CR: What’s Going On?

Yesterday was a confusing day in the U.S. Senate (then again, it usually is). First, a quick breakdown of what happened:

  1. Senate Majority Leader Harry Reid held a cloture vote on his CR amendment, which was basically the CR passed by the House, but it didn’t include the FEMA disaster funding offsets or the $100 million rescission to the Solyndra account. It failed.
  2. FEMA announced it had enough money to get through the end of the fiscal year (Friday) so there was no need for the $1  billion in emergency funding included in the House-passed CR. After Friday, new money fills FEMA’s coffers with the new budget.
  3. The Senate voted to approve the House-passed CR without the disaster funding or offsets.

Confusing, yes. But what happens next?

  1. On Thursday, the House will return for a pro forma session and will likely approve a 4-day CR by unanimous consent (the Senate passed that by UC, too) that will last through next Tuesday.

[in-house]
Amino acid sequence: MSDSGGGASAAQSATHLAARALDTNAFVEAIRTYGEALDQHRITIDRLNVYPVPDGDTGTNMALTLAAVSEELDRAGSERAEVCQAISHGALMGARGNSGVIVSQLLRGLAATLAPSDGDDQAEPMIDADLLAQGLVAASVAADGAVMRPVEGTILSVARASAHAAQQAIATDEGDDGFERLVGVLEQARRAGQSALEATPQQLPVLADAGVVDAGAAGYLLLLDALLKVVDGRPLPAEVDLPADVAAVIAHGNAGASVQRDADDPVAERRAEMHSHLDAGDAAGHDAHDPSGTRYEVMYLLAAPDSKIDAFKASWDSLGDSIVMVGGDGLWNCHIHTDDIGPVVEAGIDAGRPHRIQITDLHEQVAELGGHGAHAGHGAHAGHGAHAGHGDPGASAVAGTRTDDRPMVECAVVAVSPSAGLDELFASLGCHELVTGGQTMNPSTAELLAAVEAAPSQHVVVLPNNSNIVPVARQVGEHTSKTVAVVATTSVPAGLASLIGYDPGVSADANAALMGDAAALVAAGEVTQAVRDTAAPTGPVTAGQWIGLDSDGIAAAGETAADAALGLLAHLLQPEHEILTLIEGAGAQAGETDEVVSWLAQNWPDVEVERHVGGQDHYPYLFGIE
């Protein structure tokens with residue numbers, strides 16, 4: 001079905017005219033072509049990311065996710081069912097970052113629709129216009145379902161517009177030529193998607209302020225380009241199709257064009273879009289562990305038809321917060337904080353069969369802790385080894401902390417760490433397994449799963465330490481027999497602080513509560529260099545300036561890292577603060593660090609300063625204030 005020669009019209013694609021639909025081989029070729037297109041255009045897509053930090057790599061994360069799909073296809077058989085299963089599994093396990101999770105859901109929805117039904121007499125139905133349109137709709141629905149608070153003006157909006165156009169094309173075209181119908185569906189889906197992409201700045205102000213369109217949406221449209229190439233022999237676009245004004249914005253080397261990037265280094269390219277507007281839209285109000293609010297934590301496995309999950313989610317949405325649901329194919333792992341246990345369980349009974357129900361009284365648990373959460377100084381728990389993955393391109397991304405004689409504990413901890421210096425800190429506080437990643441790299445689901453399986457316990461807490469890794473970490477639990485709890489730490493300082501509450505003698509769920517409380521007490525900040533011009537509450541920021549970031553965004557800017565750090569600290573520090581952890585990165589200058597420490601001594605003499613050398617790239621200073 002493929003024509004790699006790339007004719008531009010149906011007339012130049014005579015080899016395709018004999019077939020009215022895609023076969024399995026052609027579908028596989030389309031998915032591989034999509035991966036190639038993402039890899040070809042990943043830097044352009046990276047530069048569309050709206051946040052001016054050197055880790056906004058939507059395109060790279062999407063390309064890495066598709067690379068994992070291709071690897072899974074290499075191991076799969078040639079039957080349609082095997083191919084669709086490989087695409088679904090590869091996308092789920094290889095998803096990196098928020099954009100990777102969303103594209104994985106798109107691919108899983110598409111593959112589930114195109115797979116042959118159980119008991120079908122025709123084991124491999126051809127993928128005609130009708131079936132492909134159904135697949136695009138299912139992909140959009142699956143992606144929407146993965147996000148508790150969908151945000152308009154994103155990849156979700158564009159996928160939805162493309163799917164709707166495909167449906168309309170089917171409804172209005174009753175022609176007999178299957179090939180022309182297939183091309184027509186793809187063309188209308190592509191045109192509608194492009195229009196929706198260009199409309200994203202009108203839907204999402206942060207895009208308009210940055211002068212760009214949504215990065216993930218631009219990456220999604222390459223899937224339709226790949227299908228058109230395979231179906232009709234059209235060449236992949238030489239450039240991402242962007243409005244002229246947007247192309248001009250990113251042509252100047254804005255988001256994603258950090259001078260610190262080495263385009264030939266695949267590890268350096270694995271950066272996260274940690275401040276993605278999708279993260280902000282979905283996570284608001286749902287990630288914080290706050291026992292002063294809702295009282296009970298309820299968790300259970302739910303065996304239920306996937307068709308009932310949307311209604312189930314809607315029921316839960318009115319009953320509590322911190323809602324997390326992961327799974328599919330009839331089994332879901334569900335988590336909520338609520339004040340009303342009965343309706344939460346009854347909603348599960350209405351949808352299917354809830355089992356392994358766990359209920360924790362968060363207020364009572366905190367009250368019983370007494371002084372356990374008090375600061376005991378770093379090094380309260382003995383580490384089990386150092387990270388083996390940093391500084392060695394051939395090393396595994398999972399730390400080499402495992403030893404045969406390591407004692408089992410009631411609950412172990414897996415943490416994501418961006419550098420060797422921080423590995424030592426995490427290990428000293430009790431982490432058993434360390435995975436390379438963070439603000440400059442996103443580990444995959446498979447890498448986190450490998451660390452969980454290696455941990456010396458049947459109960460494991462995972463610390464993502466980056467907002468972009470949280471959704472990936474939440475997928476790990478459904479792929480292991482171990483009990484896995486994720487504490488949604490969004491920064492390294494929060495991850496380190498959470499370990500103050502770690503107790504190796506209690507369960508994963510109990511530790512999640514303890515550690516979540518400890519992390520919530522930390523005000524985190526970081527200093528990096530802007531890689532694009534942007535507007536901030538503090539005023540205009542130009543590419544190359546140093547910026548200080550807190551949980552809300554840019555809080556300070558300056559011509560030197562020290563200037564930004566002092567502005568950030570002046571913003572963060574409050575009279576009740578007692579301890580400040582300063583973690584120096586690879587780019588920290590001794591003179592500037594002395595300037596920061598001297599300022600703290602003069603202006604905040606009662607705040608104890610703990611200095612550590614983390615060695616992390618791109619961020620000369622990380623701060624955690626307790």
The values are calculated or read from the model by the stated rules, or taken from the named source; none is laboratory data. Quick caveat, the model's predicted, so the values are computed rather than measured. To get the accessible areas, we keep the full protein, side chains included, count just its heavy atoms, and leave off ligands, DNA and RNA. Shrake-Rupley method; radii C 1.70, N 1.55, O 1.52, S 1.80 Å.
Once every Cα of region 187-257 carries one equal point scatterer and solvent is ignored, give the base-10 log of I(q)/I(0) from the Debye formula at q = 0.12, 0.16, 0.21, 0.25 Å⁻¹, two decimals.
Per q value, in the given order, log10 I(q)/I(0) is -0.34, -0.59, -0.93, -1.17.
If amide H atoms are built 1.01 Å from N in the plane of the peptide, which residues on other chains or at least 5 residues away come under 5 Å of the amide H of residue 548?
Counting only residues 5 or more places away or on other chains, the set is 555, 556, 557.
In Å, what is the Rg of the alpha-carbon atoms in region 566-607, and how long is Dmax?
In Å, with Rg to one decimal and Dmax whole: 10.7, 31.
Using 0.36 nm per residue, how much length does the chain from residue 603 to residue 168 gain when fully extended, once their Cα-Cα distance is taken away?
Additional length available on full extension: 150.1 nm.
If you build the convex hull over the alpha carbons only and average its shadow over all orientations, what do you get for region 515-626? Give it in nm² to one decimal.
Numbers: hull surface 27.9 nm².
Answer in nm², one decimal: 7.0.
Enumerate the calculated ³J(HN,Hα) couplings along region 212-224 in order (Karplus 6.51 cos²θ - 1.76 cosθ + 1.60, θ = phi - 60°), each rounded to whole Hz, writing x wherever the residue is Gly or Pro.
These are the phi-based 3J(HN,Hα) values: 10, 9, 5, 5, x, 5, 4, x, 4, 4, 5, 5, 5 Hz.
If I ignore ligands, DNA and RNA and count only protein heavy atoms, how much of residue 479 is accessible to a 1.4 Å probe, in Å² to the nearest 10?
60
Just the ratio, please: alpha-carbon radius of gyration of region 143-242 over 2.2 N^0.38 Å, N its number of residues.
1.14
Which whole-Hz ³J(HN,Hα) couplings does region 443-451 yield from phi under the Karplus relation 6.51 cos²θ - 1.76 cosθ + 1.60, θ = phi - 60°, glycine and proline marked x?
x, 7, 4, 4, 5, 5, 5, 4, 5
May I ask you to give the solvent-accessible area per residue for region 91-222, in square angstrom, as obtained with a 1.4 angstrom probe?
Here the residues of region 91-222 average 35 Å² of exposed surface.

2. Next Tuesday, the House returns and will vote on the rest of the CR to get through November 18th.
  3. After that…a new battle begins.

Still confusing, we know, but at least we’ve avoided another week of hyperbolic statements from big-government liberals…for now. All this brings up another question about the politics of disaster funding. Liberals wanted $3 billion more for FEMA funding than the House-passed CR, and claimed that conservatives didn’t care about disaster victims.

But once FEMA said they didn’t need any extra money this year, it brings into question the propensity of our government to spend without question. Senate Majority Leader Harry Reid (D-NV) picked an arbitrary number to just handout without any question about the affordability or necessity. This is exactly why we need good fiscal conservatives to stand up at fight at every opportunity – good policy is good politics, too – for fiscal reform.

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